Cryptocurrency has given emergence to a new era of cybercrime
The growth of cryptocurrency in cybercrime has coincided with the rise in ransomware. Nation-state cyber activity has become more brazen and sophisticated, threatening government agencies, critical industries and even everyday businesses and organizations, which often have few resources to combat malicious cyber activity.
New changes in organisations and the future of work
With all the changes and forces at work, organizations are becoming overwhelmed. They have too many security solutions to monitor and cannot keep up with the demand for alerting and mitigation. In the future, by necessity, companies will look to consolidate their cybersecurity vendors and seek to get security tools and services from fewer sources. A recent IBM study found that, on average, companies use 45 cybersecurity tools in their networks. With the cybersecurity tech stack spiraling out of control, organizations will look to simplify their approach and work with security providers that can consolidate the greatest number of services under one umbrella.
Finally, and perhaps most overdue, cybersecurity will finally gain a seat at the board table and see a marked shift around organisational playbooks. Specifically, from a risk management activity perspective, companies will move from a focus on asset protection to a focus on loss prevention. They will invest in loss prevention capability, bringing in data security and protection officers and bulking up their security teams. Executives and board members will also likely become more involved in cybersecurity as the need will only intensify in the coming years. At the Centre for Cybersecurity, we will maintain a focus on delving into cybersecurity leadership training through a mix of structured programmes and interactive training.
Cloud sovereignty to create new security demands
In an increasingly multi-cloud world, traditional perimeter-based security approaches have become obsolete. It is likely that cyber security challenges will become even more demanding as cloud services become more granular and subjected to national and local regulations.
Alibaba is expanding its cloud business with new datacentres opening in South Korea and Thailand and Amazon Web Services and Google Cloud have datacentres already set up in Singapore and Indonesia. As more of these sovereign cloud initiatives emerge, we predict organisations will require an increasing awareness of regional security requirements. Understanding in-country security requirements is a pivotal part of cybersecurity education, and a core of what we build into our curriculum.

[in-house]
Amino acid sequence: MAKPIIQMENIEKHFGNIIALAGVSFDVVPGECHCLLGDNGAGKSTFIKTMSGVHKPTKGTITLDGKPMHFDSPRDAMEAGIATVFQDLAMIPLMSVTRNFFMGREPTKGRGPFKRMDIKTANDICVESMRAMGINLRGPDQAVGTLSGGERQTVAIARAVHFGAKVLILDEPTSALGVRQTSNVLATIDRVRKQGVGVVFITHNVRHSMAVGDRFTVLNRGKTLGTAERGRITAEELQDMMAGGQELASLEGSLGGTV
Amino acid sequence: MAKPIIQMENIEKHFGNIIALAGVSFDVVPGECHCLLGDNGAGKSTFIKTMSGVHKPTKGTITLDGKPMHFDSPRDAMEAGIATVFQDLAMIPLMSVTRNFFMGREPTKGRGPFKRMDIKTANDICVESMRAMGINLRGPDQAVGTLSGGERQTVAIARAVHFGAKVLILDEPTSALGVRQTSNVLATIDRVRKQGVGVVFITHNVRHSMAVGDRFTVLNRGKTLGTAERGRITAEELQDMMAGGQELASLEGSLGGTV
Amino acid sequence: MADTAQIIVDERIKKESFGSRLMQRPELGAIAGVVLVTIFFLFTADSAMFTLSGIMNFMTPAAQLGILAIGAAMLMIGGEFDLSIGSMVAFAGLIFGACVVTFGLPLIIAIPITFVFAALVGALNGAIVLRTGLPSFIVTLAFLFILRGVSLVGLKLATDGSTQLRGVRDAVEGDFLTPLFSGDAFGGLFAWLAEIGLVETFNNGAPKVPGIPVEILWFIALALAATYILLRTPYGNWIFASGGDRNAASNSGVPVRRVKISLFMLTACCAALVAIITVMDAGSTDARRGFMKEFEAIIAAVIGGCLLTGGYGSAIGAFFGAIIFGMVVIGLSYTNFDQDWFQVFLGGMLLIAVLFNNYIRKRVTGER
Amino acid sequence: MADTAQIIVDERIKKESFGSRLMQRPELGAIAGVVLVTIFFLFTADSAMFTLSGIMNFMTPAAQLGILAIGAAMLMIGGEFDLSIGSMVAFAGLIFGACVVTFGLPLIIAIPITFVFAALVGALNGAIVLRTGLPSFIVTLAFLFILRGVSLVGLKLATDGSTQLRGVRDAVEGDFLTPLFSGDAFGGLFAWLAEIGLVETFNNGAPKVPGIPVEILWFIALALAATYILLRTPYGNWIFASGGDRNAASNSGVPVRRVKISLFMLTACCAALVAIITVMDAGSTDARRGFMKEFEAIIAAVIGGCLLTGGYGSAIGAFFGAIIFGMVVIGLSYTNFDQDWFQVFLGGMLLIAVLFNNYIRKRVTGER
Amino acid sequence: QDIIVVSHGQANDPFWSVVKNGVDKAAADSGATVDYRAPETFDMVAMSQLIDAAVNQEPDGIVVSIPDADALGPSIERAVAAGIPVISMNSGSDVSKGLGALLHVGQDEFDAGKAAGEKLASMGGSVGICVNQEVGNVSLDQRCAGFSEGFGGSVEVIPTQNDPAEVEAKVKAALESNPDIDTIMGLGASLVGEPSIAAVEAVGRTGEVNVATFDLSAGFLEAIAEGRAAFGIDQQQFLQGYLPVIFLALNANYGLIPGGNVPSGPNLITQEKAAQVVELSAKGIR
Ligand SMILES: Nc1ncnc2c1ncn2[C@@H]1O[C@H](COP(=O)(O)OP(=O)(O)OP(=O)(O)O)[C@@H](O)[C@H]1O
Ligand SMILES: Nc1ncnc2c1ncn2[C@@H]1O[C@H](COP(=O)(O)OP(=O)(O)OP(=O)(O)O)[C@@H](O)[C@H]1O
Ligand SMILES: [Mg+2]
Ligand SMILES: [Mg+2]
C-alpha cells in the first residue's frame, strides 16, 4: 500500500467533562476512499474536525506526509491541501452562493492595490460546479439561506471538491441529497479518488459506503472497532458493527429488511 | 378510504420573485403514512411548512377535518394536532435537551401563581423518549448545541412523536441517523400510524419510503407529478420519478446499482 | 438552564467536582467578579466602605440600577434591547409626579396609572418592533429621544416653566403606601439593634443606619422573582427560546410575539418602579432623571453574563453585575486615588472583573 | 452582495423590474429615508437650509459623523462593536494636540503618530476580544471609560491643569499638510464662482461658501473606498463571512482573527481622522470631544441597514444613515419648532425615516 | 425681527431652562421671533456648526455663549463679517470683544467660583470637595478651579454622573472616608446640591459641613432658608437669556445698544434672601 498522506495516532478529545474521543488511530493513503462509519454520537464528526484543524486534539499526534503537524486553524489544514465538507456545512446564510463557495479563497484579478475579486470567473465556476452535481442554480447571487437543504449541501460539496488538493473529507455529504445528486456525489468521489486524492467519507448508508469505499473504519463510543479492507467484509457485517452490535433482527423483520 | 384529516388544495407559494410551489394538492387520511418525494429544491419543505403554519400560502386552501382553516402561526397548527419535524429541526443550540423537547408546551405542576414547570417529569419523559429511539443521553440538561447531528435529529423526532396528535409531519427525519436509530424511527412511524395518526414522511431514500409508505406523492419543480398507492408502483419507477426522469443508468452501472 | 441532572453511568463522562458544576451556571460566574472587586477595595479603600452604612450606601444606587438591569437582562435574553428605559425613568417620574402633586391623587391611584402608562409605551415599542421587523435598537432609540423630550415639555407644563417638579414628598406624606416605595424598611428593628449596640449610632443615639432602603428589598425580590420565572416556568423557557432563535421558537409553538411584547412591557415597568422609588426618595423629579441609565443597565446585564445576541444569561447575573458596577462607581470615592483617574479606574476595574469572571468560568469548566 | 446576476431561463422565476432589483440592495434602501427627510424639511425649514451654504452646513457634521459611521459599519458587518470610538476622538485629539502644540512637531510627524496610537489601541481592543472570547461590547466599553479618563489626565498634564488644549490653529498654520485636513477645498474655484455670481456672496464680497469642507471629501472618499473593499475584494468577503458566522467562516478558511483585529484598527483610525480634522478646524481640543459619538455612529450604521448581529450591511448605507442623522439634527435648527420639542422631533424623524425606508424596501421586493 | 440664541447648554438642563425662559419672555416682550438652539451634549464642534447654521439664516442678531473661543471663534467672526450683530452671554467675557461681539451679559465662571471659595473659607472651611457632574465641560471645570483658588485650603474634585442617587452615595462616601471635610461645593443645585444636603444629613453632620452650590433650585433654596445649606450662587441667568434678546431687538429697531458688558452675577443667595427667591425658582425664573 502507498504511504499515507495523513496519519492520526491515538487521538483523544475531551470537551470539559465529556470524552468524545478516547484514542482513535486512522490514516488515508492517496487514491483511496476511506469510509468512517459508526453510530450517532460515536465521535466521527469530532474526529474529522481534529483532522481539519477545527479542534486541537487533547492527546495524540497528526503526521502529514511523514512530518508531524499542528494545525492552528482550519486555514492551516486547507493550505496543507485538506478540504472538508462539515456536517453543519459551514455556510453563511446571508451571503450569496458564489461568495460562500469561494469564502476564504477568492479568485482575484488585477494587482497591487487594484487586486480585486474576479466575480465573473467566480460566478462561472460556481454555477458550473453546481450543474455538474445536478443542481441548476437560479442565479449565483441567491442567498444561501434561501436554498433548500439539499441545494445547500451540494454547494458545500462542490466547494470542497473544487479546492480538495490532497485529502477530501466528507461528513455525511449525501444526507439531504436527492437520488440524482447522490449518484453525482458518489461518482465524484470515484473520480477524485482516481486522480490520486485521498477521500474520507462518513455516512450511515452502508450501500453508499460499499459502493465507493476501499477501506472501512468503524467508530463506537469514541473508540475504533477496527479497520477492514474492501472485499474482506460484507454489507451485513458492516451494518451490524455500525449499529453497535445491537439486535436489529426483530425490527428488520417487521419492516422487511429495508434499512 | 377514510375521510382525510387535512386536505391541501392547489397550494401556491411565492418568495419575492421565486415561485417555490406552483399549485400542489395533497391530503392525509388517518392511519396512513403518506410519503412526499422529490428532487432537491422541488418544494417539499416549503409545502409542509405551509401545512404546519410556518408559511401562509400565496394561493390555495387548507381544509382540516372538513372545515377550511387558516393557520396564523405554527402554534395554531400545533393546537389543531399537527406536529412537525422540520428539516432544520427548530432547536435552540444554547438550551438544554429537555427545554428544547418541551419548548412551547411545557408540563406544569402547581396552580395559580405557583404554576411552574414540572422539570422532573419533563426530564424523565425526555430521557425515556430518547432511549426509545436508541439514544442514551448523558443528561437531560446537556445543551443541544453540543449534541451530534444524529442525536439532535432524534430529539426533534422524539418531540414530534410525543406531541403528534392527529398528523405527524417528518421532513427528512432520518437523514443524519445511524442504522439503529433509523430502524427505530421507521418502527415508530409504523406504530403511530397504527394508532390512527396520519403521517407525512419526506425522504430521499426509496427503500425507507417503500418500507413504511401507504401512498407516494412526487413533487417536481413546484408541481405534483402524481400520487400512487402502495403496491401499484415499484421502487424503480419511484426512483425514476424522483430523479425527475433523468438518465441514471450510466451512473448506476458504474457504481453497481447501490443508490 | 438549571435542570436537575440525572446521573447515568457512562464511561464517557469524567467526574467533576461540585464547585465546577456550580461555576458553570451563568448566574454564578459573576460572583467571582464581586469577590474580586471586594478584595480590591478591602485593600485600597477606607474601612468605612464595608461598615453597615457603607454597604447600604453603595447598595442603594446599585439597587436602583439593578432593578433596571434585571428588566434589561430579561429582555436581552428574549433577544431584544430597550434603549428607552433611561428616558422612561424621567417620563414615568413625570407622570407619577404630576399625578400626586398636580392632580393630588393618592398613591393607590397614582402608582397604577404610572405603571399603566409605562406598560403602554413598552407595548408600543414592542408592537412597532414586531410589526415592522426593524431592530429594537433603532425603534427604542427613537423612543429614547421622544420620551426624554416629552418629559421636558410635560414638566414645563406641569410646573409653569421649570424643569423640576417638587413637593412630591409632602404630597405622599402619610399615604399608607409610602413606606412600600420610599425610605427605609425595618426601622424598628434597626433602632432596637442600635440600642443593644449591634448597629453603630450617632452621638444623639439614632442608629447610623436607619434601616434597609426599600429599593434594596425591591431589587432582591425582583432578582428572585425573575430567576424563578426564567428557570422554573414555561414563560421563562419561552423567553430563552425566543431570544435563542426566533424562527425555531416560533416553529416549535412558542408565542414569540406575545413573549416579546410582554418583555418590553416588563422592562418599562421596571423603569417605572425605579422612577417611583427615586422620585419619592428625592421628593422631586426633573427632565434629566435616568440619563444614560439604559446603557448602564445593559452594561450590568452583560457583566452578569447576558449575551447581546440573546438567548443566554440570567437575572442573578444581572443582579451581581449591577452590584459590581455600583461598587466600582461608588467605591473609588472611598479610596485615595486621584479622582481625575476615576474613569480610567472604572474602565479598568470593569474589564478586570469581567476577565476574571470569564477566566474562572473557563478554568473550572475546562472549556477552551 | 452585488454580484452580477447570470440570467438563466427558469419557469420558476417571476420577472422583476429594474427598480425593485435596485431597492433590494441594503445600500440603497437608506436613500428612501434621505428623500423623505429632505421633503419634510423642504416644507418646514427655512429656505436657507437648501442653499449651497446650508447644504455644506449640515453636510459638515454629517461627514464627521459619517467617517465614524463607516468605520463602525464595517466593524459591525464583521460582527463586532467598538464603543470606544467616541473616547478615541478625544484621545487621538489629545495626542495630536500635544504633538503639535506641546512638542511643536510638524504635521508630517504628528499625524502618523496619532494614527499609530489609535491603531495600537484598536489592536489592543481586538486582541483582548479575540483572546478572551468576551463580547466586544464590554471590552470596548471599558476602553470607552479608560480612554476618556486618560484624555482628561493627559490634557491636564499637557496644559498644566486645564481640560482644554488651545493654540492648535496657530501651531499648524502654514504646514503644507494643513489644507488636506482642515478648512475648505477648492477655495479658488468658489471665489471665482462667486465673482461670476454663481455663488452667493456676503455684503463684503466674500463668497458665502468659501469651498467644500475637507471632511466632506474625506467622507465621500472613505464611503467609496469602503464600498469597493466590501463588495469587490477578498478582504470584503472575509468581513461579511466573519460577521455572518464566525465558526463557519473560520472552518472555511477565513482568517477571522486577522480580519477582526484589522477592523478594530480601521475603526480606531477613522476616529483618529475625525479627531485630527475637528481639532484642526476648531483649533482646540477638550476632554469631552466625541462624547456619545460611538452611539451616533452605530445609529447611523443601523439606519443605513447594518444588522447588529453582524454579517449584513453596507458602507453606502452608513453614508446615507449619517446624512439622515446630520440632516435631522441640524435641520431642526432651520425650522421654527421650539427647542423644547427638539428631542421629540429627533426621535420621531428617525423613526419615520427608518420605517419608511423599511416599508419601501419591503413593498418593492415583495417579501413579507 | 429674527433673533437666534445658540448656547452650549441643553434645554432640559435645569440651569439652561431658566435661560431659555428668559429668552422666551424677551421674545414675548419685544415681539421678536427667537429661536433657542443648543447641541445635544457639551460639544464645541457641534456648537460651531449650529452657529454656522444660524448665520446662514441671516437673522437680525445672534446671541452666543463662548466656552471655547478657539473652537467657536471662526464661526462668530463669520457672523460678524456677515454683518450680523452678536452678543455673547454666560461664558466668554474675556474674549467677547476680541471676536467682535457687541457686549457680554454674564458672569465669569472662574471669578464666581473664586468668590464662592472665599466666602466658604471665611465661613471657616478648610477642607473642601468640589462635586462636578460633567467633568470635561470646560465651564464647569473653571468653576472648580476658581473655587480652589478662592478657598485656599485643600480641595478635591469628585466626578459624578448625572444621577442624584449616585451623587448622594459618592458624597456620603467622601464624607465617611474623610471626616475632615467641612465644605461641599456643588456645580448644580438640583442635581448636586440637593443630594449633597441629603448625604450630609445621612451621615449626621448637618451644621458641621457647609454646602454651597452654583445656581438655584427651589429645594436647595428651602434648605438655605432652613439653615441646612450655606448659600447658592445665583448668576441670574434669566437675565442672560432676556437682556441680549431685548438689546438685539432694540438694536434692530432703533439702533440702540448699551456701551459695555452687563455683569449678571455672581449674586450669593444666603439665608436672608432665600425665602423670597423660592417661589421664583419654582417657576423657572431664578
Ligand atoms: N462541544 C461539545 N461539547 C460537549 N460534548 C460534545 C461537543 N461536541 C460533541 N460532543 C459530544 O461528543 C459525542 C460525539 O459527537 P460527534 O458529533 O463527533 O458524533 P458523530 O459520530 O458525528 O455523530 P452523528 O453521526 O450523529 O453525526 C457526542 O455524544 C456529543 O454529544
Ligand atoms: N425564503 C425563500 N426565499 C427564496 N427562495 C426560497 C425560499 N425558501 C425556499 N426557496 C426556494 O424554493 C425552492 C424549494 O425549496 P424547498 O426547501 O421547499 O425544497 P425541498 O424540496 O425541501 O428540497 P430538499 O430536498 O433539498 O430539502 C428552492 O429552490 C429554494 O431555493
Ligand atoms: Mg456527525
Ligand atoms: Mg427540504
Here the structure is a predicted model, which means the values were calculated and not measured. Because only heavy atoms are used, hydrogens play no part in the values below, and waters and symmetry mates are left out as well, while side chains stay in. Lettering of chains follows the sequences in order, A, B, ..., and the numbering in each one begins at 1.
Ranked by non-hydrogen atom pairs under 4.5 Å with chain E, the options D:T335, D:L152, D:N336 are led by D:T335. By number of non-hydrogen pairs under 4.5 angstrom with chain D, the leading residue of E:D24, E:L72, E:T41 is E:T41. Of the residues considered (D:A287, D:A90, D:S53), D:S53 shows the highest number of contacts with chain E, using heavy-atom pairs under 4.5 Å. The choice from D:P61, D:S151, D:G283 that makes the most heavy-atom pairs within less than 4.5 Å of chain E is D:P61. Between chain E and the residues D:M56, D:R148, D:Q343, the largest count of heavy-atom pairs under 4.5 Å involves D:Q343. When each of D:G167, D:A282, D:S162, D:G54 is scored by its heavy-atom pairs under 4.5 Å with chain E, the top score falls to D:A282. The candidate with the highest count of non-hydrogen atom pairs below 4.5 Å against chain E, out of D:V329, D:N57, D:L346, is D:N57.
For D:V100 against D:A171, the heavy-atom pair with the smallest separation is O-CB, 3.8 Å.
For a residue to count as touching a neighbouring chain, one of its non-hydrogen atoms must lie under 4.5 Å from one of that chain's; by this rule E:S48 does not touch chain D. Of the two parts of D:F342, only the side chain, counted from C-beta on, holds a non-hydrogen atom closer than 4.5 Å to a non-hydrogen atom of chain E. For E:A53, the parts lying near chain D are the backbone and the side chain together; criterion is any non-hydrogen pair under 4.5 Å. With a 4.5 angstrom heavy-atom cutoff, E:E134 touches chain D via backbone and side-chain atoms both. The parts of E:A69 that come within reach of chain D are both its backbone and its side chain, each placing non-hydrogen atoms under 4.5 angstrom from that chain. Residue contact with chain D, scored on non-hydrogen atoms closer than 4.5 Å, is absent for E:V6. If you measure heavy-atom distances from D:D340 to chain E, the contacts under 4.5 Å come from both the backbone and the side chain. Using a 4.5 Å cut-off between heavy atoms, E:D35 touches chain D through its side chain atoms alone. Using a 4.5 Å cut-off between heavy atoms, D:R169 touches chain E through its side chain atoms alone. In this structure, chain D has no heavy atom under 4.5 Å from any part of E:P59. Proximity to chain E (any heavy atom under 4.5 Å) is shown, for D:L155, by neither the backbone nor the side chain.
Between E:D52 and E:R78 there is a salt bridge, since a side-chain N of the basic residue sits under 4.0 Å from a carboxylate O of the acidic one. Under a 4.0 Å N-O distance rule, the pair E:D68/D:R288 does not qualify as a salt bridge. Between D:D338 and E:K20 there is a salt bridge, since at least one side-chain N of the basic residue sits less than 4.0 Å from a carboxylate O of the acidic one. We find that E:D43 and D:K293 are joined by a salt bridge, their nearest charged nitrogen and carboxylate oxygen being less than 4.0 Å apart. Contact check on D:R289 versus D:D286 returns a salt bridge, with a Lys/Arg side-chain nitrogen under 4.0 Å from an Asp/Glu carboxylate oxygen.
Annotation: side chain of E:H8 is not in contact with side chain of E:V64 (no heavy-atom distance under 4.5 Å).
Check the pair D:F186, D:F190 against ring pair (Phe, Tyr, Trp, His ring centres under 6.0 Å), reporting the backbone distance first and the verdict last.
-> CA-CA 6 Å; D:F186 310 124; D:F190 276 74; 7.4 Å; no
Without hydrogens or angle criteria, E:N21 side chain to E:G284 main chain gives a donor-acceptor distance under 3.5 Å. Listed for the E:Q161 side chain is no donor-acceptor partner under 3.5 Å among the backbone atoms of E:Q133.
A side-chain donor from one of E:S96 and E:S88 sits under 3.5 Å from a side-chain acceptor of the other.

“Anywhere work” less prevalent
Despite the growing adoption of hybrid work, just 40% of firms in APAC will make anywhere-work permanent, compared with 70% globally, according to a study by research firm Forrester.
This is due to region-specific pressures which will force 60% of APAC firms to prepare to bring the vast majority of workers back to the office full-time.
In the manufacturing industry, only 34% of workers in the region’s large manufacturing sector can work anywhere while outsourcing firms with purpose-built secure campuses and high-availability facilities won’t be able to provide the same level of service in remote locations with poor infrastructure.
Firms operating in APAC need a region-aligned anywhere-work strategy that balances employee expectations with the feasibility of hybrid work approaches. At the Centre for Cybersecurity, we develop case studies and interactive learning that simulates the realities of hybrid remote working, preparing professionals for a career of mobility and evolving expectation.
Future of job growth will be cybersecurity-focused
As threat actors never stop looking for new vulnerabilities and attack methodologies, companies can’t rest on their laurels and need to invest in talent, learning and development. People, processes and technology all need to be addressed in today’s modern enterprise with the support of senior management. These include cybersecurity awareness programs, governance, risk and compliance tools, and cyber drills.
Contemplating a switch to a dynamic and rewarding cybersecurity career or a more specialist role? Contact CFC to get started on your cybersecurity journey.